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Title Origin of mitochondria and hydrogenosomes / William F. Martin, Miklós Müller, editors
Published Berlin ; New York : Springer, [2007]
©2007
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Description 1 online resource (xviii, 306 pages) : illustrations (some color)
Contents The road to hydrogenosomes / Miklos Muller -- Mitochondria: key to complexity / Nick Lane -- Origin, function, and transmission of mitochondria / Carol A. Allen, Mark Van Der Giezen, John F. Allen -- Mitochondria and their host: morphology to molecular phylogeny / Jan Sapp -- Anaerobic mitochondria: properties and origins / Aloysius G.M. Tielens, Jaap J. Van Hellemond -- Iron-sulfur proteins and iron-sulfur cluster assembly in organisms with hydrogenosomes and mitosomes / Jan Tachezy, Pavel Dolezal -- Hydrogenosomes (and related organelles, either) are not the same / Jahannes H.P. Hackstein, Joachim Tjaden, Werner Koopman -- The chimaeric origin of mitochondria: photosynthetic cell enslavement, gene-transfer pressure, and compartmentation efficiency / Thomas Cavalier-Smith -- Constatin merezhkowsky and the endokaryotic hypothesis / Victor V. Emelyanov -- The diversity of mitochondrion-related organelles amongst eukaryotic microbes / Maria Jose Barbera, Inaki Ruiz-Trillo, Jessica Leigh, Laura A. Hug, Andrew J. Roger -- Mitosomes of parasitic protozoa: biology and evolutionary significance / Jorge Tovar
Summary The evolutionary origins of hydrogenosomes have been the subject of considerable debate. From early days it was apparent that hydrogenosomes had evolved on multiple occasions in different eukaryotes, but from which progenitor organelle or endosymbiont was unresolved. Work from many different laboratories has contributed towards formulating the current hypothesis that hydrogenosomes and mitosomes, their even more reduced cousins, share common ancestry with mitochondria. Their shared similarities, for example their common mechanisms of protein import and their double membrane, can be explained by common ancestry, and their differences by descent with modification under contrasting lifestyles. The hypothesis that mitochondria, mitosomes and hydrogenosomes are homologues, predicts that, as the organelles are studied more deeply, additional shared features will be revealed. However, it is already apparent from the contributions to this volume, that identifying the genetic contribution to eukaryotes of the mitochondrial endosymbiosis, and revealing the functions of its descendent organelles, are key to understanding eukaryotic biology and evolution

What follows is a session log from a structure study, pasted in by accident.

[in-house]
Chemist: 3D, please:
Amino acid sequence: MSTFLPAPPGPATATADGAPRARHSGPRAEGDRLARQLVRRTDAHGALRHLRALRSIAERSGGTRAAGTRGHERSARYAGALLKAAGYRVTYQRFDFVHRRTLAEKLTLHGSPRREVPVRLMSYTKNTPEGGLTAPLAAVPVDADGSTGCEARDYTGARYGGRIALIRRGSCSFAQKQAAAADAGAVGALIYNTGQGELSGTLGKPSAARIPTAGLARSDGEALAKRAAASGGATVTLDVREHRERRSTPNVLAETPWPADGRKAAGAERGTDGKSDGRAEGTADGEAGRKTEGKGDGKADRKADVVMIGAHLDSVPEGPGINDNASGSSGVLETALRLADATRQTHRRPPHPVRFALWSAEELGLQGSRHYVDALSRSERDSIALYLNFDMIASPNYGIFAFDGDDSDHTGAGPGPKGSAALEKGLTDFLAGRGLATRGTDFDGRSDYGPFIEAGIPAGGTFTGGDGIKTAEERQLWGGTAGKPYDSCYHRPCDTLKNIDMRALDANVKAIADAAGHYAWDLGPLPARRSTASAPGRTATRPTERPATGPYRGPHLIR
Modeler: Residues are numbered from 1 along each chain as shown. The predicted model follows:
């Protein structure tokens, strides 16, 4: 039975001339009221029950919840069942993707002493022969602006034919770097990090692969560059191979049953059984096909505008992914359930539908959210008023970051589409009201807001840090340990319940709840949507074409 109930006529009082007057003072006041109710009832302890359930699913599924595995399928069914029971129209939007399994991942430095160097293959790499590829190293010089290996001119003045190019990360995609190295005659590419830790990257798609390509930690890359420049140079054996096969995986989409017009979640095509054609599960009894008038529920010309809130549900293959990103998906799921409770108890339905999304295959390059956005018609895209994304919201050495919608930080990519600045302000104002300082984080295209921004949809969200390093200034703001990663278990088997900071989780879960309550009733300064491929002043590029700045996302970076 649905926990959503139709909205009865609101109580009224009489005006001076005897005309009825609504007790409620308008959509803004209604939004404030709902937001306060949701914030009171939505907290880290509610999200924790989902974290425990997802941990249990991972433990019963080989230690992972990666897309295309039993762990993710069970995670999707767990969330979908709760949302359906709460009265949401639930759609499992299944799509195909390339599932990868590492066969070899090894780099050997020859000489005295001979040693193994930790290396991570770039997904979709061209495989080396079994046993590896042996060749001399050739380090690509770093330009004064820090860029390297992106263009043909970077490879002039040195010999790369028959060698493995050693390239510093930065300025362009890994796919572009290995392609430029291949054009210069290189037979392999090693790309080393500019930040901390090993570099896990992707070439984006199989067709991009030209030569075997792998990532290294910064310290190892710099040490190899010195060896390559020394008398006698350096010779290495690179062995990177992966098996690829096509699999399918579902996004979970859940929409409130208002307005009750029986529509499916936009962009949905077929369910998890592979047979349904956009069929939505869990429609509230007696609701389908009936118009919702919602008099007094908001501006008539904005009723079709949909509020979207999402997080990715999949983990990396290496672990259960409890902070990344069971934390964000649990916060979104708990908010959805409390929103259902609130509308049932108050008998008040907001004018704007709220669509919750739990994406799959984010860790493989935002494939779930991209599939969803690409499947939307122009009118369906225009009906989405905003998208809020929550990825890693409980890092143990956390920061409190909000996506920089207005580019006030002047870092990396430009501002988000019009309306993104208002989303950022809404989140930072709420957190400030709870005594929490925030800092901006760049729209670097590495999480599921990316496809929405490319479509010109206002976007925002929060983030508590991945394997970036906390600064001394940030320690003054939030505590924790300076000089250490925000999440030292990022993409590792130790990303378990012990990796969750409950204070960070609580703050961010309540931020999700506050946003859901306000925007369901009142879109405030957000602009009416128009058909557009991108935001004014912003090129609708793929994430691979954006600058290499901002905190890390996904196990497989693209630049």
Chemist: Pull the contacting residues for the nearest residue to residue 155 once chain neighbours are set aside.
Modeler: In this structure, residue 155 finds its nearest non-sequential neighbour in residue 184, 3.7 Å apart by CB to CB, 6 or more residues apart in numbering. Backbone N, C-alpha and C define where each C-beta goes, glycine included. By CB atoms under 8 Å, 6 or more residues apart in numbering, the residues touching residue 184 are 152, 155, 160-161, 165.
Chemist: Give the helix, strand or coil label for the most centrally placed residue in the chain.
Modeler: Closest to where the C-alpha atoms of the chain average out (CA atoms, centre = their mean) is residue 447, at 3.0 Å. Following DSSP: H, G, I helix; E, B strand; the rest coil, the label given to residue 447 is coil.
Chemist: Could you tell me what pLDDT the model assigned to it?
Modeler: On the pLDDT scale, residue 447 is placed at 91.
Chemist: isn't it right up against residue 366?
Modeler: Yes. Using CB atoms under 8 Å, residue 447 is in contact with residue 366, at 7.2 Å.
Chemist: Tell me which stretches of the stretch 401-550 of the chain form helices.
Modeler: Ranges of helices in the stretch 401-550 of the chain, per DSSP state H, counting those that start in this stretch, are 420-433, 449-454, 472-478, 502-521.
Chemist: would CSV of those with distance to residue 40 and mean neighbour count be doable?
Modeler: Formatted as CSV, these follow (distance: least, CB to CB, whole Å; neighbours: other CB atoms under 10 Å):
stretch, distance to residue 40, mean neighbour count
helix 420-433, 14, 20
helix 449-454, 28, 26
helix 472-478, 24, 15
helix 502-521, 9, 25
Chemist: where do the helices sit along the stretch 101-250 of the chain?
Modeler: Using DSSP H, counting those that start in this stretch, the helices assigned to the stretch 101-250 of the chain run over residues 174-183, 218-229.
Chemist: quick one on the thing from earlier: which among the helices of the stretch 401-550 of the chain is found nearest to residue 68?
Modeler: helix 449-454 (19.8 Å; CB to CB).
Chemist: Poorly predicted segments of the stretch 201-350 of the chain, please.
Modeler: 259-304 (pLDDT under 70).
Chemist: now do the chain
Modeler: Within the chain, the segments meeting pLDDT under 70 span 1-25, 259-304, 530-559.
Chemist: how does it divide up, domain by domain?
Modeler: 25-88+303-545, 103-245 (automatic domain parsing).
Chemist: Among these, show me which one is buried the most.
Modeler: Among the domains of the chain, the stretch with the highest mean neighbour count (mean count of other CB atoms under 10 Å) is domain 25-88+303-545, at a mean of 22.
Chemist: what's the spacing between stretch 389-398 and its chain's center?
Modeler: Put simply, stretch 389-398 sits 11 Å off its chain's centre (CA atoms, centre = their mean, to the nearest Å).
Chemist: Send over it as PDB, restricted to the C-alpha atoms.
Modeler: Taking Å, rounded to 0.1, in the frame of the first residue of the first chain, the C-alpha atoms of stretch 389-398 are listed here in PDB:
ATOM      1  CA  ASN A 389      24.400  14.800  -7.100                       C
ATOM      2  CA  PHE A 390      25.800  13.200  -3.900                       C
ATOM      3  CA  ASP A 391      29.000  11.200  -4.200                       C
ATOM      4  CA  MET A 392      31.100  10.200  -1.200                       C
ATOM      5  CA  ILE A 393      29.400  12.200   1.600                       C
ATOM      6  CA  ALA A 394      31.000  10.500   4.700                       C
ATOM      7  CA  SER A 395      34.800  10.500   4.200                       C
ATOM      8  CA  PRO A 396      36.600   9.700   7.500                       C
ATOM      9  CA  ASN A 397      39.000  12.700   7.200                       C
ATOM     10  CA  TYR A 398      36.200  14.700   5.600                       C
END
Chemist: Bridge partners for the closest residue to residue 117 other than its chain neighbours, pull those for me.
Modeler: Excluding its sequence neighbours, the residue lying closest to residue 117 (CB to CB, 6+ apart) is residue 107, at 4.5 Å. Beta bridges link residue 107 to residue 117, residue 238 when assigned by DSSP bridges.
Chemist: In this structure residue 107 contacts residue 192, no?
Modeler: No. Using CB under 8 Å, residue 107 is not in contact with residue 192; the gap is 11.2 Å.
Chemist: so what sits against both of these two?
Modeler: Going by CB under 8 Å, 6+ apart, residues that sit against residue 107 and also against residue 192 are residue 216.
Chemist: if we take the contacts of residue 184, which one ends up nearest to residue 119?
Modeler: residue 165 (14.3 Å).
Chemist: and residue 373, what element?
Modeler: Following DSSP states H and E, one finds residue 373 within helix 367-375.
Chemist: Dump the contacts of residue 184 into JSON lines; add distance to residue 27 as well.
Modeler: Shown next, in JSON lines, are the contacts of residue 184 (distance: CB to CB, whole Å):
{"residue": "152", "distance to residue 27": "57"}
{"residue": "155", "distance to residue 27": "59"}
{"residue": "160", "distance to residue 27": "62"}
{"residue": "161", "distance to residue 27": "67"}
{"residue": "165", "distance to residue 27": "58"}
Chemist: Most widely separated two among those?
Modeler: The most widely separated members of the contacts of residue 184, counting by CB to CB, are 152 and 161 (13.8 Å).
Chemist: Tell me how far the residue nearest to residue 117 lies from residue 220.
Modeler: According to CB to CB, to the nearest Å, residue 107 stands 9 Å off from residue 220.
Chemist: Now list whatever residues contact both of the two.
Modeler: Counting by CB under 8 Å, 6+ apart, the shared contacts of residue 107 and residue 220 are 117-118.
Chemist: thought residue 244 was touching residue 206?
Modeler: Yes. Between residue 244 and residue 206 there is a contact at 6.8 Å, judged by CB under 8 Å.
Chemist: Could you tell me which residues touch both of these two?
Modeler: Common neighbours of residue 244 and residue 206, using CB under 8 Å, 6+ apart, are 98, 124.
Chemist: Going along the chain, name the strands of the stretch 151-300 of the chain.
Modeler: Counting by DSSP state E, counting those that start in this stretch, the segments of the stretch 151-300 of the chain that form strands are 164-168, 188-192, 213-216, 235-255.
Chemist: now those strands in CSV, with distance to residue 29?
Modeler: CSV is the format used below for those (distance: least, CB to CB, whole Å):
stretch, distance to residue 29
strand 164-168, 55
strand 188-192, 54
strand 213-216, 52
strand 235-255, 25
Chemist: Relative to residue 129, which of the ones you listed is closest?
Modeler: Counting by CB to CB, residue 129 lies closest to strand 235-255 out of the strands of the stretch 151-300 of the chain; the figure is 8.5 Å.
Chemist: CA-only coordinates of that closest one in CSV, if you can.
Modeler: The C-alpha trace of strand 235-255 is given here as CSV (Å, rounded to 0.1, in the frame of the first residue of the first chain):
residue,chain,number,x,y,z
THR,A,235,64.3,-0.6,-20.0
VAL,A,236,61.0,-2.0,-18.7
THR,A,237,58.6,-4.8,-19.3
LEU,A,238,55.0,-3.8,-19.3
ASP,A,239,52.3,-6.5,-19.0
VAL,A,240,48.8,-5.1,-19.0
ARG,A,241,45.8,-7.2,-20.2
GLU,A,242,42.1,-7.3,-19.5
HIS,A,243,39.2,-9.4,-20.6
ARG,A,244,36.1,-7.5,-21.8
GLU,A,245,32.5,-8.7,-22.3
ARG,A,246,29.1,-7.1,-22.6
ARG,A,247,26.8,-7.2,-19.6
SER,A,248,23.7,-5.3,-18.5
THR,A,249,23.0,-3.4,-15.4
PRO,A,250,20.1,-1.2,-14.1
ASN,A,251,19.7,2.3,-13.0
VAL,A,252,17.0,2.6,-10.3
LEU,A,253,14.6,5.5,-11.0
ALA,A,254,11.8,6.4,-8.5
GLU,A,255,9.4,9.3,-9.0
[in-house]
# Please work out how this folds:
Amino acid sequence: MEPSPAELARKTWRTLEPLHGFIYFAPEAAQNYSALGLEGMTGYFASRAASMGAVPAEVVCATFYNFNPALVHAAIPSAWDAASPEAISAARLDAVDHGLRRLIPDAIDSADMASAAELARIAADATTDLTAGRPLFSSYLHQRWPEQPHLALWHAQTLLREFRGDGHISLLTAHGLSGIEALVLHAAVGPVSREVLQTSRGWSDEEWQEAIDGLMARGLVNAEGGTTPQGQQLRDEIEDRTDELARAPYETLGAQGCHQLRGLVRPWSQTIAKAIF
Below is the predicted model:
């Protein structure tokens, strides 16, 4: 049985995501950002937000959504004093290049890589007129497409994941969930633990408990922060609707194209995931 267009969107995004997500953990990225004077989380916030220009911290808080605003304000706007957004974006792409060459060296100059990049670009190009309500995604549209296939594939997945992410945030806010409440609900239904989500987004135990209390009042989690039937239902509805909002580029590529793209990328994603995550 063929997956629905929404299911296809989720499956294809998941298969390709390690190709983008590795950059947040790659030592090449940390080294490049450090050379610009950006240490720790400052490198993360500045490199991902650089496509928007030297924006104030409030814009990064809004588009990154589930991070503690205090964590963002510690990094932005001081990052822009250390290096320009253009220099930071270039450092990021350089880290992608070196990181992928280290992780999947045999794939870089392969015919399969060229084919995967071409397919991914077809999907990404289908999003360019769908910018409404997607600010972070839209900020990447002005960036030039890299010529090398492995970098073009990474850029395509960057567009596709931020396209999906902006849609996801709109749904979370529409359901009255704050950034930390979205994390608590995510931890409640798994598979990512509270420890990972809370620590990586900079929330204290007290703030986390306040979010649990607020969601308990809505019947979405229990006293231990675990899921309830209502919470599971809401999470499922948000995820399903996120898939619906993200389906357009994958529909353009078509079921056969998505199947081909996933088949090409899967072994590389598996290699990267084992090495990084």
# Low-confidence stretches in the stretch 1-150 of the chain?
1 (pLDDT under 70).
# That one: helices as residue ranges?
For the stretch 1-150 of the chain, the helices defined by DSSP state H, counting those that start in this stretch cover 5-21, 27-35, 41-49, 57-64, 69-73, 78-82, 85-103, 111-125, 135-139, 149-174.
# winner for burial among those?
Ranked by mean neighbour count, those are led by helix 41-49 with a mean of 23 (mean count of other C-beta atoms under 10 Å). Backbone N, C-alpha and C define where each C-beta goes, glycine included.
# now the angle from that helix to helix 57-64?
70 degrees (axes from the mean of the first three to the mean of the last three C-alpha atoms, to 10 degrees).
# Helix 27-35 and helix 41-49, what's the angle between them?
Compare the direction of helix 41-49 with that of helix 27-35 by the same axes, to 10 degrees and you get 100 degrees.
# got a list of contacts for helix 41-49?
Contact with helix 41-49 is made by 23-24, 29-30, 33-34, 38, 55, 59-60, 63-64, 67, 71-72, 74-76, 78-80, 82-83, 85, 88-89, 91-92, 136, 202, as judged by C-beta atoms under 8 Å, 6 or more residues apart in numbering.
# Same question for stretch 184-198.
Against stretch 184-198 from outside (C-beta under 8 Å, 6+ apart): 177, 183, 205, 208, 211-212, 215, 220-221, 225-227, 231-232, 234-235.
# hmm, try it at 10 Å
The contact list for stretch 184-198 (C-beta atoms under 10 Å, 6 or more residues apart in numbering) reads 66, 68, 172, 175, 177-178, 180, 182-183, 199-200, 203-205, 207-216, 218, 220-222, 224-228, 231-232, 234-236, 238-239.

Bibliography Includes bibliographical references and index
Notes Print version record
In Springer e-books
Subject Eukaryotic cells -- Evolution.
Eukaryotic cells.
Mitochondria.
Mitochondria.
Anaerobiosis.
Biological Evolution.
Eukaryotic Cells -- ultrastructure.
Organelles.
Form Electronic book
Author Martin, William F., Professor Dr.
Müller, Miklós.
LC no. 2006933053
ISBN 3540385010 (Cloth)
3540385029
9783540385011 (Cloth)
9783540385028